Commentary from This Week's Paper

By Guo Wei, Ruoji Tang
Published: 2011-03-31

The "Passion" of Yao Jiaxin
By Qi Yue (启越), an EO columnist
Nation, page 16

Issue 512, March 28, 2011

College Student Yao Jiaxin stabbed a woman six times after running her over with his car. But according to his lawyer, Yao is a model student with a spotless record who simply committed a "crime of passion."
As anyone who is remotely acquainted with the law knows, a "crime of passion" proceeds from an emotion or impulse, usually provoked by something the victim did. The only thing the 26-year-old mother Yao stabbed to death did was to look at his license plate.
If this is a crime of passion, then the lesson to be learned is don't look at the license plate if you've been hit by a car because the driver will get out of the car and kill you.
It is possible that Yao has had a strict, psychologically damaging upbringing by a tiger mother (or father). Many Chinese children have. Most do not become killers.
Yao is not the first to commit this type of crime. In Chengdu in 2006, a boy was repeatedly run over by a Mercedes until he died. In Jiangsu in September 2010, after hitting and injuring a child on the road, a BMW driver purposely crushed the child to death with his car.
The thinking behind these crimes is simple. In Beijing, the maximum amount of compensation that should be paid to the family of a victim of vehicular manslaughter is about 400,000 yuan. But if the victim is injured and sues in court, compensation can easily top 1 million yuan.
It's not a crime of passion, it's a game of numbers.

Baidu Kowtows Only to "The Strong"
By Kong Ergou (孔二狗), a popular online author who rose to prominence after publishing a series of novels called The Old Days in the Northeast: A Twenty-year Chronicle of the Mafia (东北往事:黑道风云二十年) on
Economic Observer Online

March 31, 2011
Original: [Chinese]
Baidu issued a "Letter of Apology" after popular author Han Han publically criticized the company for its stance on copyright infringement.
According to the letter, Baidu will remove all content that violates existing copyrights at the urging of "important persons." 
Needless to say, the works of writers protected by large publishers will be removed. But what about the works of lesser-known authors, authors who have less leverage, who cannot force Baidu to remove their content?
Baidu also apologizes for "hurting the feelings" of writers. But what about their interests?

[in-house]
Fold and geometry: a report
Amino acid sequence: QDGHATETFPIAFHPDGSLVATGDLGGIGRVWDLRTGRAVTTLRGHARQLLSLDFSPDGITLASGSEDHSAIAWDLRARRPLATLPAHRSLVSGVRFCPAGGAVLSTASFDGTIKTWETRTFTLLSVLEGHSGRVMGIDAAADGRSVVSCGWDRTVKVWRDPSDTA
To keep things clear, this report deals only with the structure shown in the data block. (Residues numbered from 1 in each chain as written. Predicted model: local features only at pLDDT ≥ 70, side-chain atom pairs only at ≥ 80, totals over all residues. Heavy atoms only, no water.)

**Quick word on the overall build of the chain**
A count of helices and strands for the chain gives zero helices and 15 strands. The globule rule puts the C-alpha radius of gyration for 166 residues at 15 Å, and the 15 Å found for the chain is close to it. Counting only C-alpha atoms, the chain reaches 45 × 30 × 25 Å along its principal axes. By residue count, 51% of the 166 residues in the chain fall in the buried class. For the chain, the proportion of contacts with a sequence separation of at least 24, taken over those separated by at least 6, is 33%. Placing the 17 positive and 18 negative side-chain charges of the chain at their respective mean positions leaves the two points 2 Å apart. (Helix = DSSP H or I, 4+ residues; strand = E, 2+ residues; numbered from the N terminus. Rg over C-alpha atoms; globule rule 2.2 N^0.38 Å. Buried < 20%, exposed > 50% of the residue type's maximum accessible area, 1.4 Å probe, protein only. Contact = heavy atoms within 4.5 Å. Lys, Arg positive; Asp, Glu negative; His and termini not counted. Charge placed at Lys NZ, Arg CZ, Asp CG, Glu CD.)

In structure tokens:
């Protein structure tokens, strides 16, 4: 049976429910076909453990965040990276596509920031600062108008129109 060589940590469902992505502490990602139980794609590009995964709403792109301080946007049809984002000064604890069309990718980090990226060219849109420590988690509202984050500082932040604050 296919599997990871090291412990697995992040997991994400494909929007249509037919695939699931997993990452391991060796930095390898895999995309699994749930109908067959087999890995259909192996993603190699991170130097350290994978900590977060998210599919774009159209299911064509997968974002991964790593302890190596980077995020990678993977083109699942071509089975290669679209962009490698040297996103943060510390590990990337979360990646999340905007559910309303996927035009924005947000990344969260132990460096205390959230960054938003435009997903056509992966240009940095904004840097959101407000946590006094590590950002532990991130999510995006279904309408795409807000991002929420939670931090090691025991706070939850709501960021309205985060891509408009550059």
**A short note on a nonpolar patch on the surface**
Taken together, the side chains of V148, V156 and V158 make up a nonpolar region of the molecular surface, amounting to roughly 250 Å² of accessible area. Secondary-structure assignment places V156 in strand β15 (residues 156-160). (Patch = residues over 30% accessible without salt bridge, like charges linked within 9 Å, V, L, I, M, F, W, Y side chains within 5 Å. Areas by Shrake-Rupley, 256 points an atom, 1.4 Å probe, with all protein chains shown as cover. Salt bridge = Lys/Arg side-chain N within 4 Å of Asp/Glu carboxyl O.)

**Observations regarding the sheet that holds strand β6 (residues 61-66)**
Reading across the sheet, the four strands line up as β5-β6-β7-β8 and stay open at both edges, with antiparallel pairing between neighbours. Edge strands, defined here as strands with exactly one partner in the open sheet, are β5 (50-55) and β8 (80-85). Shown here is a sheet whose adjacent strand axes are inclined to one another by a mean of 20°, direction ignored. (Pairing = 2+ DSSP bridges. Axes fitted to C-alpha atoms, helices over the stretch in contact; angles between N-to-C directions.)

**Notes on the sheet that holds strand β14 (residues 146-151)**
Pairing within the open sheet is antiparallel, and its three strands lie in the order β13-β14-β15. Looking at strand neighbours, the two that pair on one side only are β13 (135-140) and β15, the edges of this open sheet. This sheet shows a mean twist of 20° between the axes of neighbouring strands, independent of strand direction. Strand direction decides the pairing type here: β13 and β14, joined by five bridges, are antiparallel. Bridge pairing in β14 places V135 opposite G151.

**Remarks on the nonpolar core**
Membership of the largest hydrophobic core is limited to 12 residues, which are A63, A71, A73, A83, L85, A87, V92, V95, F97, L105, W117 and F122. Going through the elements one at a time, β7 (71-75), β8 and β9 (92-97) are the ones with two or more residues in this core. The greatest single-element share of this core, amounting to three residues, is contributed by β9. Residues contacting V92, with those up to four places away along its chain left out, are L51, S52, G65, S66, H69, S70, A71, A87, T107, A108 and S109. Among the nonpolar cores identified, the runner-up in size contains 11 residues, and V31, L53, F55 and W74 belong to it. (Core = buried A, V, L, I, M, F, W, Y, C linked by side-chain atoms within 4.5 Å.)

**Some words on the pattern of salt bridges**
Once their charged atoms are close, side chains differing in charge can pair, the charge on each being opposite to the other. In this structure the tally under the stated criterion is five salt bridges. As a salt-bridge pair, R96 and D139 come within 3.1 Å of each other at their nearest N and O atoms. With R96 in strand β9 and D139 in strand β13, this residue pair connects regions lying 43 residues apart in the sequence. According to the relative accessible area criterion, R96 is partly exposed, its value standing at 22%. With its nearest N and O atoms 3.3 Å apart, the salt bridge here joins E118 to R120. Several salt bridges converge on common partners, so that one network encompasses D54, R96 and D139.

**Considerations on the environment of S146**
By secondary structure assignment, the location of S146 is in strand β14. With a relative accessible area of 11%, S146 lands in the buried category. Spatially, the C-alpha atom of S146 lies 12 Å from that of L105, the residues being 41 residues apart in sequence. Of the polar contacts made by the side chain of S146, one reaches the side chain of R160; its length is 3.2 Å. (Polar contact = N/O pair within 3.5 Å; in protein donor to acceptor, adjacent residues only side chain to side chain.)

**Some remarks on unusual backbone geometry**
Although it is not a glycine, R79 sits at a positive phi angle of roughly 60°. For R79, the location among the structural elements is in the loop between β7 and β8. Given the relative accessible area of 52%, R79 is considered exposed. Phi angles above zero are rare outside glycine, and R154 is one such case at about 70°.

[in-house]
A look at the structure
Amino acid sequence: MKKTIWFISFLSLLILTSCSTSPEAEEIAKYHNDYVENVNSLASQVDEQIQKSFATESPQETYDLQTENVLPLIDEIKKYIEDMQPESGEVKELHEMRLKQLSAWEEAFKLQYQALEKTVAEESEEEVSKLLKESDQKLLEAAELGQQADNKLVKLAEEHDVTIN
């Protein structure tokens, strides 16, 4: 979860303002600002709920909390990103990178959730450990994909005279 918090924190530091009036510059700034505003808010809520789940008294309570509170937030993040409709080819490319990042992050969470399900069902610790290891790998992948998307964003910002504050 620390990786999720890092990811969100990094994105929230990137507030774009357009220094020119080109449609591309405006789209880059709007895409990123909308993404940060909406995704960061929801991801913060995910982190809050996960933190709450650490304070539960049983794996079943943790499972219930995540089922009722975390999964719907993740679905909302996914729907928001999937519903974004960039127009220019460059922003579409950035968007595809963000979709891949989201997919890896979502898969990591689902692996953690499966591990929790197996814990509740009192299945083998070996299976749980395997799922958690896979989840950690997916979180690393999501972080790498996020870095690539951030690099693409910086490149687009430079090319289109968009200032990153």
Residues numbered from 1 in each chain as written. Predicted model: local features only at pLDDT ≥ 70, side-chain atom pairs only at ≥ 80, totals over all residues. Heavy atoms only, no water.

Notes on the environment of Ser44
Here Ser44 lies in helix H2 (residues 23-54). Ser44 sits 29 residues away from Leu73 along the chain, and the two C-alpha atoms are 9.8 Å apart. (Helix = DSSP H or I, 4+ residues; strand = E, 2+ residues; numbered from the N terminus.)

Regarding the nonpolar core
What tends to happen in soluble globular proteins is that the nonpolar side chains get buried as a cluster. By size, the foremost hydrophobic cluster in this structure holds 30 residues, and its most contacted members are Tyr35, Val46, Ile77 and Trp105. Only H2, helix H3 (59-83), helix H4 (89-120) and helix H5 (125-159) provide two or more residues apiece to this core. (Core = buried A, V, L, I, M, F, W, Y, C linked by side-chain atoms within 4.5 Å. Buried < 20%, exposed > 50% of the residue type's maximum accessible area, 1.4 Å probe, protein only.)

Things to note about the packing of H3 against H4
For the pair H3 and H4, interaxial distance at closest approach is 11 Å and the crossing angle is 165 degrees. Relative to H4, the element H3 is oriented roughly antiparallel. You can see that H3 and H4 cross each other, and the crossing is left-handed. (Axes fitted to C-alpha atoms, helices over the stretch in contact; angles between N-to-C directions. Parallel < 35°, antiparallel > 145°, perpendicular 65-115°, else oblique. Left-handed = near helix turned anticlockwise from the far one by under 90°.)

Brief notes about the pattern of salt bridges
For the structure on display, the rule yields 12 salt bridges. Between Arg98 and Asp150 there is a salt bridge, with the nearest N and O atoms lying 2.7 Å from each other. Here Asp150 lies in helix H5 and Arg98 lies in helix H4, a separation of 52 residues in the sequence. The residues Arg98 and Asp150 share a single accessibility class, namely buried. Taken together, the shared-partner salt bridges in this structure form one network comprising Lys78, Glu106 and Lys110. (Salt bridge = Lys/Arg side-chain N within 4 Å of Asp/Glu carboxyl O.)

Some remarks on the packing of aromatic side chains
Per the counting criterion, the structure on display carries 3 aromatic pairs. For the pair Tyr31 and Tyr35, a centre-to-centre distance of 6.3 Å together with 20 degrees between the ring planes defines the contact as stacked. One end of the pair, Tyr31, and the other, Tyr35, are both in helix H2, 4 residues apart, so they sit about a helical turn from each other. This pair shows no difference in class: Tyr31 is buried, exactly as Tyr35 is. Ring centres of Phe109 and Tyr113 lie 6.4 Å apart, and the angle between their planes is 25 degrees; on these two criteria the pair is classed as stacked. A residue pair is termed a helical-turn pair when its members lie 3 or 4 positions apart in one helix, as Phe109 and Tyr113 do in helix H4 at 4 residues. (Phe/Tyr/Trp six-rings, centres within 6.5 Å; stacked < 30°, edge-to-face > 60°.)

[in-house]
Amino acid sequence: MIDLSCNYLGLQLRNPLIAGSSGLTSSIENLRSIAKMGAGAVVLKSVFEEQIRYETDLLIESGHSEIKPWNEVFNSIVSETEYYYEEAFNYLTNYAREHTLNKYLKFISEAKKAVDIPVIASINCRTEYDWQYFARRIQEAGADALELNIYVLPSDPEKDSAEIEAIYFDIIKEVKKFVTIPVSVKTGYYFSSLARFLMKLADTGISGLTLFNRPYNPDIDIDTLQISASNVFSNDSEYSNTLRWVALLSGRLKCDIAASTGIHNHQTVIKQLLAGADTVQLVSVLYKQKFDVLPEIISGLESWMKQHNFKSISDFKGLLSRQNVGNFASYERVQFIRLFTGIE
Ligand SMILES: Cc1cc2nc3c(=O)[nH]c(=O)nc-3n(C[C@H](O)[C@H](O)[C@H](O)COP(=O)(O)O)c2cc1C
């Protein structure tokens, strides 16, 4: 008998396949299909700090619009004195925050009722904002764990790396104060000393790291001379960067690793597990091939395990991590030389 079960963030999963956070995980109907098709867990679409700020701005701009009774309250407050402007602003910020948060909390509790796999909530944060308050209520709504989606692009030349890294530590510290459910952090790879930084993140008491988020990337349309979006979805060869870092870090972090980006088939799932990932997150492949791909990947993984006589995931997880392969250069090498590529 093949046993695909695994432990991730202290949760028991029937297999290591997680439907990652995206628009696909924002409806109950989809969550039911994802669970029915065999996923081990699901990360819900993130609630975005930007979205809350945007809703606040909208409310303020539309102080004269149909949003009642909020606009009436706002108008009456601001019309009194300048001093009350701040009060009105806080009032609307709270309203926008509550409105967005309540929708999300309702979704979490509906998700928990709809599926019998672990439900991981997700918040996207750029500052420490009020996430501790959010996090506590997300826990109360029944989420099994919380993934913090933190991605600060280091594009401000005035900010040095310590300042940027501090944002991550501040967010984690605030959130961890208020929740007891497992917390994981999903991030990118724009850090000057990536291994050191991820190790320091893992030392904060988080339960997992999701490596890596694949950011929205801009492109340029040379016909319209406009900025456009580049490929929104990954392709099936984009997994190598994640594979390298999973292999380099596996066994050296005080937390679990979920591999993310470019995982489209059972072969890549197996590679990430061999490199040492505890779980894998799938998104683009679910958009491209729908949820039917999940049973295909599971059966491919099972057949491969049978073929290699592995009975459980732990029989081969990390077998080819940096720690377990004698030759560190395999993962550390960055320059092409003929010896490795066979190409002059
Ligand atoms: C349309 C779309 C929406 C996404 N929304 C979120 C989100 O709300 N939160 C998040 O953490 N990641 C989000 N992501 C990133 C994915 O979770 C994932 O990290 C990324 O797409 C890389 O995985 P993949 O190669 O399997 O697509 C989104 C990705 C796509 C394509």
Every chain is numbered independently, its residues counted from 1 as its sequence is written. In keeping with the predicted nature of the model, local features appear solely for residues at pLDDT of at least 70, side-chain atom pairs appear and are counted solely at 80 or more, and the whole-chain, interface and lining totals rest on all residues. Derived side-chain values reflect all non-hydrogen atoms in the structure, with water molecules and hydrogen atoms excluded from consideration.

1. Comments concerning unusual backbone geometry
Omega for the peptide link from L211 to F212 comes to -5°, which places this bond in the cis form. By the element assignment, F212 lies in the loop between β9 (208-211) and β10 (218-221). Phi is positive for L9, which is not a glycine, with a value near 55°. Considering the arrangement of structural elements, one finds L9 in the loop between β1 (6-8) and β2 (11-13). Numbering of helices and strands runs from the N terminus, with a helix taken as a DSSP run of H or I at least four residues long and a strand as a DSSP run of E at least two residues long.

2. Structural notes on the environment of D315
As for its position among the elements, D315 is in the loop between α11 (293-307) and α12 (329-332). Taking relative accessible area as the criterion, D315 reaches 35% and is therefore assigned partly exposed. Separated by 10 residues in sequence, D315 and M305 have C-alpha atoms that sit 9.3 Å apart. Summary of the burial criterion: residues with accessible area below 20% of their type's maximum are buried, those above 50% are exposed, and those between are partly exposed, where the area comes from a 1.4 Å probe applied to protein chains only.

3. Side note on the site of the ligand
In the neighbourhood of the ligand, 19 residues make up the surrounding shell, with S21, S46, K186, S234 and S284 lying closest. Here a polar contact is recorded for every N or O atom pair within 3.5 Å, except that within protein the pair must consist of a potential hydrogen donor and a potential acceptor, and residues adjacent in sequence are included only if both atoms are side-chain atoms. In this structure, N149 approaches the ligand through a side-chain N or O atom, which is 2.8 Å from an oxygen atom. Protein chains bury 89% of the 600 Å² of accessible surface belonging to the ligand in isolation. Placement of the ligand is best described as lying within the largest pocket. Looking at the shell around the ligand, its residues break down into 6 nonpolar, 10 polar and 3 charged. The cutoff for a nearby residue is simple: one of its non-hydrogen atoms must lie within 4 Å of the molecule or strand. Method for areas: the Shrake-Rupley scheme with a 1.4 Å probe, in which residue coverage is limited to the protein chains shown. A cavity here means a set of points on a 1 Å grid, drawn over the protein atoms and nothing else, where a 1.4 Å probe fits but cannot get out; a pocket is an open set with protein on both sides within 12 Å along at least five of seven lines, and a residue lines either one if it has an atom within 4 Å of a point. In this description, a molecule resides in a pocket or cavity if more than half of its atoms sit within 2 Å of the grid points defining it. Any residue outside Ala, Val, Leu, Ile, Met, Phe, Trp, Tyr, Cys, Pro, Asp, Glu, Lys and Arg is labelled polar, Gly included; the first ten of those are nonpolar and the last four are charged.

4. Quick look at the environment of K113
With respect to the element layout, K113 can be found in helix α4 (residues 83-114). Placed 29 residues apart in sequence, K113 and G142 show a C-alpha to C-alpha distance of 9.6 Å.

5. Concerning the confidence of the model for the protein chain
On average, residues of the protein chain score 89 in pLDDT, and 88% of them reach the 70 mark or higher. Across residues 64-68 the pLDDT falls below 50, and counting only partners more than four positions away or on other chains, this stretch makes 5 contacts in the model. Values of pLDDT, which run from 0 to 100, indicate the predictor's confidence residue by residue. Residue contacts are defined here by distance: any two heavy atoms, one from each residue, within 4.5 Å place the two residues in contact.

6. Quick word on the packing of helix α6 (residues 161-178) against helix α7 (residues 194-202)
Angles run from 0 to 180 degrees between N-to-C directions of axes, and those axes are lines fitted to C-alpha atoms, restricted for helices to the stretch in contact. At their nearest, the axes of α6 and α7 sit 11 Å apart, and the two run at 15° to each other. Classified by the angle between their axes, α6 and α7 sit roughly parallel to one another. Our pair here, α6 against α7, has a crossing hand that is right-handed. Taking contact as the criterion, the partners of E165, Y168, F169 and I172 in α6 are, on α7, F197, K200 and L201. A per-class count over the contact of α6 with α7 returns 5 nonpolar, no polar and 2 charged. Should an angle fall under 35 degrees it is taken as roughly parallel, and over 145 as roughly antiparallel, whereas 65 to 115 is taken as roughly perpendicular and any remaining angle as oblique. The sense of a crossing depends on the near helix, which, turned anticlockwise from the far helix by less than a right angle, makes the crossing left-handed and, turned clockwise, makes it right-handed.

Baidu has no respect for literary copyright. They are happy to infringe upon authors' rights until they are challenged by a formidable opponent. Even then, they concede only to famous authors. The rights of lesser-known authors and aspiring writers continue to be neglected.

Playing with Fire: The Dangerous Game of Setting Housing Price Targets
By Song Yao (宋尧), a journalist with the EO
Economic Observer Online
March 30, 2011
On March 29, Beijing announced a target growth rate for the city's housing prices over the coming year and with one very simple sentence "stable or a decline," they may have changed the way that most ordinary people viewed the outlook for property prices.
It's funny how the swings and roundabouts of the property market work, only yesterday, most cities around the country were locking in growth targets that were approaching annual growth of 15%.
As far as i'm concerned, these targets are so meaningless that there's no need to adjust them.
For one thing, if you're attempting to control housing prices, wouldn't it make more sense to set a target growth rate and then introduce policies aimed at meeting that target - rather than the other way around?
The raft of policies have already been put in place and this act of setting official targets is an empty gesture that allows local governments to inidcate their resolve and also helps to calm public disquiet.
But no one wants to see housing prices fall as sharply as they did in 2008, especially not local governments reliant on land sales for a large proportion of their revenues.
It's quite possible that after the latest manouveres and as these targets for growth switch from unreasonably high to the opposite extreme, a policy that was initially introduced as window dressing might just lead to having unintended negative consequences.